On Tuesday, resident Chris Hoeh took the podium at First Church to announce that Franklin Park Area Stop the Olympics was in place and in your face. Saying that "Jamaica Plain stopped I-95 and we can stop the Olympics," he urged everyone in the sanctuary to come out to the Mayors Boston Olympic Community meeting on June 30 to say Franklin Park and Harambee Park ( Franklin Field ) are not for the Olympics. "The meeting is a great opportunity!" In a hand-out, the group stated that Franklin Park Area Stop the Olympics was formed "in response to calls for locally organized resistance....We will help stop the Olympics and build the city we need." Hoeh - who lives on Adelaide street and is grade school teacher - spoke at the conclusion of a lecture by Smith College Professor Andrew Zimabalist on the "Economic Gamble of Boston 2024."
Thursday night a trio of groups will host a discussion of possible displacement of residents by the 2024 Olympics. The event, hosted by No Boston 2024, Black Lives Matter and the Boston Homeless Solidarity Committee, begins at 7 p.m. at Hope Central Church, 85 Seaverns Ave. Here's a link to the Facebook event page. Dubbed "Olympic Sized Displacement," the panel will explore whether Boston residents would be forced from their homes should Boston 2024 succeed in bringing the Olympics to the city. Organizers of the forum cite a 2007 study that found 2 million people had been displaced in the previous 20 years because of the Olympics.
Mayor Marty Walsh has created an Office of Olympic Planning headed up by newly appointed executive director Sara Myerson, according to a press release. Previously, Myerson served as chief of staff and director of policy for Boston-based Preservation of Affordable Housing. The committee will be focused on developing Boston’s plan for hosting the 2024 Olympic and Paralympic Games. For Franklin Park and other potential venues the office will look at economic analysis, mitigation analysis, public health and safety studies, and transportation planning. For now, Boston 2024 has proposed that Franklin Park would be a suitable venue for the modern pentathlon as well as equestrian events.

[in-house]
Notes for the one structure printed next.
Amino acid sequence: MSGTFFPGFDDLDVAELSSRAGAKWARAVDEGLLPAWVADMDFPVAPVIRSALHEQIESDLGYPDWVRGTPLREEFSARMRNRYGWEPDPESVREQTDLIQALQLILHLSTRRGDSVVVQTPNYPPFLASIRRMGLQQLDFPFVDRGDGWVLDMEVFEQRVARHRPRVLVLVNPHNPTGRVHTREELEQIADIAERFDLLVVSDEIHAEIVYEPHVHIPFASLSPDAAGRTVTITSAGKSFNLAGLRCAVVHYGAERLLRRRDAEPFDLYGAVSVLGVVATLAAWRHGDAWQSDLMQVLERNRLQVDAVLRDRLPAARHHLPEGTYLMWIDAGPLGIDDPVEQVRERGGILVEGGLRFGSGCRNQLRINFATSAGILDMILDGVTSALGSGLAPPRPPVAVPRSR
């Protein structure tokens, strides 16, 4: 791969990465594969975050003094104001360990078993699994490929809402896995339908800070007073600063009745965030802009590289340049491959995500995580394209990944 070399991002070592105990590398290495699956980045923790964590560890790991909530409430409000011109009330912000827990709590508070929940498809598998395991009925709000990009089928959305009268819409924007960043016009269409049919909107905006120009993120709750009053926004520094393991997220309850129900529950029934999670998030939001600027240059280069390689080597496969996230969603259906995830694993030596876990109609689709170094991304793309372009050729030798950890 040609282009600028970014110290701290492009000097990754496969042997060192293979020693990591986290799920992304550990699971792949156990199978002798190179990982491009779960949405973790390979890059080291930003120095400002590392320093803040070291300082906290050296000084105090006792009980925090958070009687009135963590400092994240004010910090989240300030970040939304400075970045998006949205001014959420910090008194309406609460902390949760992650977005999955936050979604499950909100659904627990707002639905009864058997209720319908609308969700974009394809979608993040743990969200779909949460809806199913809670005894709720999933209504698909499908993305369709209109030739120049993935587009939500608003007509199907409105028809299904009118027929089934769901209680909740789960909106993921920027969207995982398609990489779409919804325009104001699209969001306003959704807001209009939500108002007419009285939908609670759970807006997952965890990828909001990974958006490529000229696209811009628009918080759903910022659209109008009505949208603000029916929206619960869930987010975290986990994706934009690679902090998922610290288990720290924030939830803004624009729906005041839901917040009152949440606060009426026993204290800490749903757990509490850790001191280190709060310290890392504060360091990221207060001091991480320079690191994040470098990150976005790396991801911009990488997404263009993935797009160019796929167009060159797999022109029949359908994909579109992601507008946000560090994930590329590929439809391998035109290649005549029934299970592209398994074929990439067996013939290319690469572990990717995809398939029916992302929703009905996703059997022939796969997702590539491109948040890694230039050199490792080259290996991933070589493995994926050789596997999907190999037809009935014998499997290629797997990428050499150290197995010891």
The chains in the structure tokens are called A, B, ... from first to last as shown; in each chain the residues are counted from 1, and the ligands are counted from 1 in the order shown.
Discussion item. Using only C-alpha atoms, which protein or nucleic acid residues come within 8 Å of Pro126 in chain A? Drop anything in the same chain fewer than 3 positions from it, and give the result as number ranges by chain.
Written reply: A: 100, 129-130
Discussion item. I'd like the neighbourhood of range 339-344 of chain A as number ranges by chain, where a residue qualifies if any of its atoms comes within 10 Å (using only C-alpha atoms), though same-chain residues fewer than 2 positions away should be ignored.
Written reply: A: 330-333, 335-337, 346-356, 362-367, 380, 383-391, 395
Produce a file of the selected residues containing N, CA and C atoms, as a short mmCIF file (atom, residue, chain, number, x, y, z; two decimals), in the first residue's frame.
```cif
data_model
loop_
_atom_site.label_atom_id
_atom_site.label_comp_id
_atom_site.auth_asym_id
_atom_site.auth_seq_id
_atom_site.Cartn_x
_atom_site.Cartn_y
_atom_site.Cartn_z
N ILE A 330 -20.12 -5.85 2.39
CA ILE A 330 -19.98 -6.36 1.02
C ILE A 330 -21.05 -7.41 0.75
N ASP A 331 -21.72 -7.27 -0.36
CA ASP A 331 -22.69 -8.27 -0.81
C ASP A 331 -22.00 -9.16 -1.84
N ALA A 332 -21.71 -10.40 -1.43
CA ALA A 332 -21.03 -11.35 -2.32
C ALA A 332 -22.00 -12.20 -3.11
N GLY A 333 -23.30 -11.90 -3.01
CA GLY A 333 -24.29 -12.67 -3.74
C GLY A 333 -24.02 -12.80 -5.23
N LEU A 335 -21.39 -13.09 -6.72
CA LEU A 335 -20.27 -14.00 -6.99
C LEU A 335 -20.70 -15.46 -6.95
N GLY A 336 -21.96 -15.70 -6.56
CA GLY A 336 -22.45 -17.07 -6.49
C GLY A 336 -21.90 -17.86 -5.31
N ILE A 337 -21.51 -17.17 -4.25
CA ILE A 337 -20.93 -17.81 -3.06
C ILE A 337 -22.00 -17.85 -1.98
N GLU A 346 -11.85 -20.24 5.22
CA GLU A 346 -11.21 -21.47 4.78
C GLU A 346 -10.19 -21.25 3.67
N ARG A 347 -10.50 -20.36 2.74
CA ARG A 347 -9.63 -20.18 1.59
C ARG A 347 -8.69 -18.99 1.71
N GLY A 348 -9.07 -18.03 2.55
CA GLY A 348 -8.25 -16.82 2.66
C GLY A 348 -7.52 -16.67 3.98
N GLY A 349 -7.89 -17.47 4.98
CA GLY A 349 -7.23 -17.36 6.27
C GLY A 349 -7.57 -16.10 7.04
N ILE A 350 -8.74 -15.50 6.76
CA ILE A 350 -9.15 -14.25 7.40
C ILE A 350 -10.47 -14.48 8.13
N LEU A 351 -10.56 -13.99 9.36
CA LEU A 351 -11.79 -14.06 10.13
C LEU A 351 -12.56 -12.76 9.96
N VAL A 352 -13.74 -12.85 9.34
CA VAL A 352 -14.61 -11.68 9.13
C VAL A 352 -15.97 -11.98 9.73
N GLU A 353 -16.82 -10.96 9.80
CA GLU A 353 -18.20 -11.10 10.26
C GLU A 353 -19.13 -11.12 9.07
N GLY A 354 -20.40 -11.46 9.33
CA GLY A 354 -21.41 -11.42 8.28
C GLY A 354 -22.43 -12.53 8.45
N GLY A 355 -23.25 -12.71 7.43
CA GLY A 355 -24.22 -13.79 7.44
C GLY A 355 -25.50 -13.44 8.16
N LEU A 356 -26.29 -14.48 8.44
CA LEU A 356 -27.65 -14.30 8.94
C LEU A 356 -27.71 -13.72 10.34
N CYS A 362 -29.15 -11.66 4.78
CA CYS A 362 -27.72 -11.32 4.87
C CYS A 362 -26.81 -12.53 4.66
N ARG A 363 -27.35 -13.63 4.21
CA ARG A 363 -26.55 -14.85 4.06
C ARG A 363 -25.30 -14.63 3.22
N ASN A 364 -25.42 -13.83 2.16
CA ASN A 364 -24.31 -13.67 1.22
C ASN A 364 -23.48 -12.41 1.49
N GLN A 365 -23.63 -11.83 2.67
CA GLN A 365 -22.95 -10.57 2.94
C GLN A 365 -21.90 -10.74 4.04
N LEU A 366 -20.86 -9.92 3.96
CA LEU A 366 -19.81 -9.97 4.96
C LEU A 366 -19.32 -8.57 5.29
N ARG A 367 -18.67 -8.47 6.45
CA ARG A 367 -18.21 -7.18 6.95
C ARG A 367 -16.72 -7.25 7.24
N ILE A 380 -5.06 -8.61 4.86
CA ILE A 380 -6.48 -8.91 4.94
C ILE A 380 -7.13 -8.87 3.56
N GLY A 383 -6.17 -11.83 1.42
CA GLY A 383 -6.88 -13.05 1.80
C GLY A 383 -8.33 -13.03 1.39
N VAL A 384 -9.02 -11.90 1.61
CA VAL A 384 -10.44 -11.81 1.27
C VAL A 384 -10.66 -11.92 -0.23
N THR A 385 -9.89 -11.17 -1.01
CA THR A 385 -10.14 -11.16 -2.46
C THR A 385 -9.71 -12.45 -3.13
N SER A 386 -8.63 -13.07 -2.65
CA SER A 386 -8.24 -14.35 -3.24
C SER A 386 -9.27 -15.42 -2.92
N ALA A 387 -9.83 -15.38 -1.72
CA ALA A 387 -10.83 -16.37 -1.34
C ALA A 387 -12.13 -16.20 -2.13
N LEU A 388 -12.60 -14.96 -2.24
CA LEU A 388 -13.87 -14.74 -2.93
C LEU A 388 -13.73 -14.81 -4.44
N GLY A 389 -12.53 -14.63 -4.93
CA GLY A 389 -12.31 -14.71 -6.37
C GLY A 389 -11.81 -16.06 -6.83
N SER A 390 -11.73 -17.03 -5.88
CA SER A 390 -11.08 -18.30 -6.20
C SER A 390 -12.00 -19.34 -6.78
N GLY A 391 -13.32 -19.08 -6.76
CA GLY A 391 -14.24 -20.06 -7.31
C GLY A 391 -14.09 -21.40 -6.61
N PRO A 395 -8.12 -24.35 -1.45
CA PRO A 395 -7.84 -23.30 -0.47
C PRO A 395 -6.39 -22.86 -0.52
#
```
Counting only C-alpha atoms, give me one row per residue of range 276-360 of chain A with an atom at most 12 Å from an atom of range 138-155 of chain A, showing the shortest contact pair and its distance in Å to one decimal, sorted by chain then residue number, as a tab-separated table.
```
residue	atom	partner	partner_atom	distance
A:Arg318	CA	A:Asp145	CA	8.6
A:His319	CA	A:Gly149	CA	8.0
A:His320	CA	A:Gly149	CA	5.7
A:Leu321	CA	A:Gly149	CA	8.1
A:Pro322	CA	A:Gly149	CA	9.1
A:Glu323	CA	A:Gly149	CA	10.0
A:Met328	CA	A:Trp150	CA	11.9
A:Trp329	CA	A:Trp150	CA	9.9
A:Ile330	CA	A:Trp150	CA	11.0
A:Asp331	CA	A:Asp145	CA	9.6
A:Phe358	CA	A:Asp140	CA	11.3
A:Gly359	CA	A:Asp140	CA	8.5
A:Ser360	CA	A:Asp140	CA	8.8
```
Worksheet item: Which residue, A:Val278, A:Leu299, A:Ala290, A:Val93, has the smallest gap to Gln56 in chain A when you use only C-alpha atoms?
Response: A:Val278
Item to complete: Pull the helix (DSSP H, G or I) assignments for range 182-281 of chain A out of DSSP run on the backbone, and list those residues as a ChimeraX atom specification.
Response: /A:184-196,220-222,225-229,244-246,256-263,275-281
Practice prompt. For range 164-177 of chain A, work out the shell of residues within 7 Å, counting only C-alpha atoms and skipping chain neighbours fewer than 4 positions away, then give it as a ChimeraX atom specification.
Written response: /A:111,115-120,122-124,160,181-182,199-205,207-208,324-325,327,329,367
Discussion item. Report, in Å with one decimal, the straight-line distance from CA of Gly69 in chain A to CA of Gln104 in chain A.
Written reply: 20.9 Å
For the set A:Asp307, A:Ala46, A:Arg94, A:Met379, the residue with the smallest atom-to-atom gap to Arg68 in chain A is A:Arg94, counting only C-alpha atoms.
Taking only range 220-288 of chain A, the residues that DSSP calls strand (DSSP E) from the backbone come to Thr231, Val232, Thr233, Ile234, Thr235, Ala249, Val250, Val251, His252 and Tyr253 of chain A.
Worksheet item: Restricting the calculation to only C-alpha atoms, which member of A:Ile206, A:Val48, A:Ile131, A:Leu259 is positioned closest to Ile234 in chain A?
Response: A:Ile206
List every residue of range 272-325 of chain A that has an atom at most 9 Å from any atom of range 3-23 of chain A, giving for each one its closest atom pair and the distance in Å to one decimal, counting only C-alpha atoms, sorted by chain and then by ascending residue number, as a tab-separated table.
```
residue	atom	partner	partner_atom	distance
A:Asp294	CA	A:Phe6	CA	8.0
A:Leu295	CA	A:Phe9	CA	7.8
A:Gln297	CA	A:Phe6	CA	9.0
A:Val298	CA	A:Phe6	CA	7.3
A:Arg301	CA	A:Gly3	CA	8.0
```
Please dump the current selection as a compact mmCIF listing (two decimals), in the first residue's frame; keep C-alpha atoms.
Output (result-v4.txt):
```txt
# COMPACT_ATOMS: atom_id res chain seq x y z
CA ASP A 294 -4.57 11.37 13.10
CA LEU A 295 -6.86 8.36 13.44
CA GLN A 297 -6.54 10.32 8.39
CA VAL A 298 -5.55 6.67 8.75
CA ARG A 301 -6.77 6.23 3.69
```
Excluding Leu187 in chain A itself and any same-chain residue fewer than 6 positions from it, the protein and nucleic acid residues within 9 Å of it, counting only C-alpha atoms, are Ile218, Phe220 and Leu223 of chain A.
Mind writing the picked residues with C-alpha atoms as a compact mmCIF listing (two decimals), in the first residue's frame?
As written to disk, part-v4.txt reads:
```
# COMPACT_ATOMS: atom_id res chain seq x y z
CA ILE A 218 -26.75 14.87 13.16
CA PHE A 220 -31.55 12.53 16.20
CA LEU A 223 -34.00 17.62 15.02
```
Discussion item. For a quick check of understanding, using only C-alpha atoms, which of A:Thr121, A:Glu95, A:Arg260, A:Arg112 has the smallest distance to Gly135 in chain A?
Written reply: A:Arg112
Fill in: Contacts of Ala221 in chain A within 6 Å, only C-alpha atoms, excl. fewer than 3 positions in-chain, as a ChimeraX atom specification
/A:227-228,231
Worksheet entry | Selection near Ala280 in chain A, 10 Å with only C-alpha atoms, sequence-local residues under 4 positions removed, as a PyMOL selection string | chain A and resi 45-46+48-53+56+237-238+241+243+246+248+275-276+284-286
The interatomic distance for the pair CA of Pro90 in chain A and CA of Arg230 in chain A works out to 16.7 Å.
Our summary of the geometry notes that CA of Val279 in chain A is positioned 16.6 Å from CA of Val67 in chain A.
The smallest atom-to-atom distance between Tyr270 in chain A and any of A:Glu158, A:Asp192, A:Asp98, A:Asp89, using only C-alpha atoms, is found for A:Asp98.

As Boston 2024 moves forward with its Olympic bid, many are still unsure of what what means for the City of Boston, including frequent users of Franklin Park. Here's a quick visual guide to what's on the table. Boston 2024 CEO Richard Davey assured a roomful of skeptical residents surrounding the park that "we expect significant change," back in March during a spirited public meeting at the Franklin Park Golf Clubhouse. According to page 9 of Boston2024's proposal to host the Olympic Games, the committee would increase White Stadium's seating to 20,000 for the Modern Pentathlon as well as Equestrian events. It would provide room for a whopping 60,000 througout the William J. Devine Golf Course for viewing Equestrian Cross Country.
Thursday evening, more than 150 residents from Jamaica Plain, Roxbury and Dorchester came to the Franklin Park Golf Clubhouse to listen to a presentation from the Boston 2024 executive bid committee. Event organizers from the Franklin Park Coalition expected an informative meeting for the community about what changes to the historic park could be expected, but instead attendees were met with few details and fewer answers. The plan, at least as presented Thursday, is to renovate half of White Stadium to accommodate more spectators for parts of the Modern Pentathlon, as well as some equestrian events. Also included was the proposal to build a permanent pool for use long after the closing ceremonies, and use of the golf course area for one of the equestrian competitions. At this stage in the planning process, Boston 2024 staff members at the meeting had a hard time answering detailed questions about how Franklin Park would be impacted, such as how long certain areas off the park would be closed off before and after the Olympics, and how new additions to the park would be maintained in the future.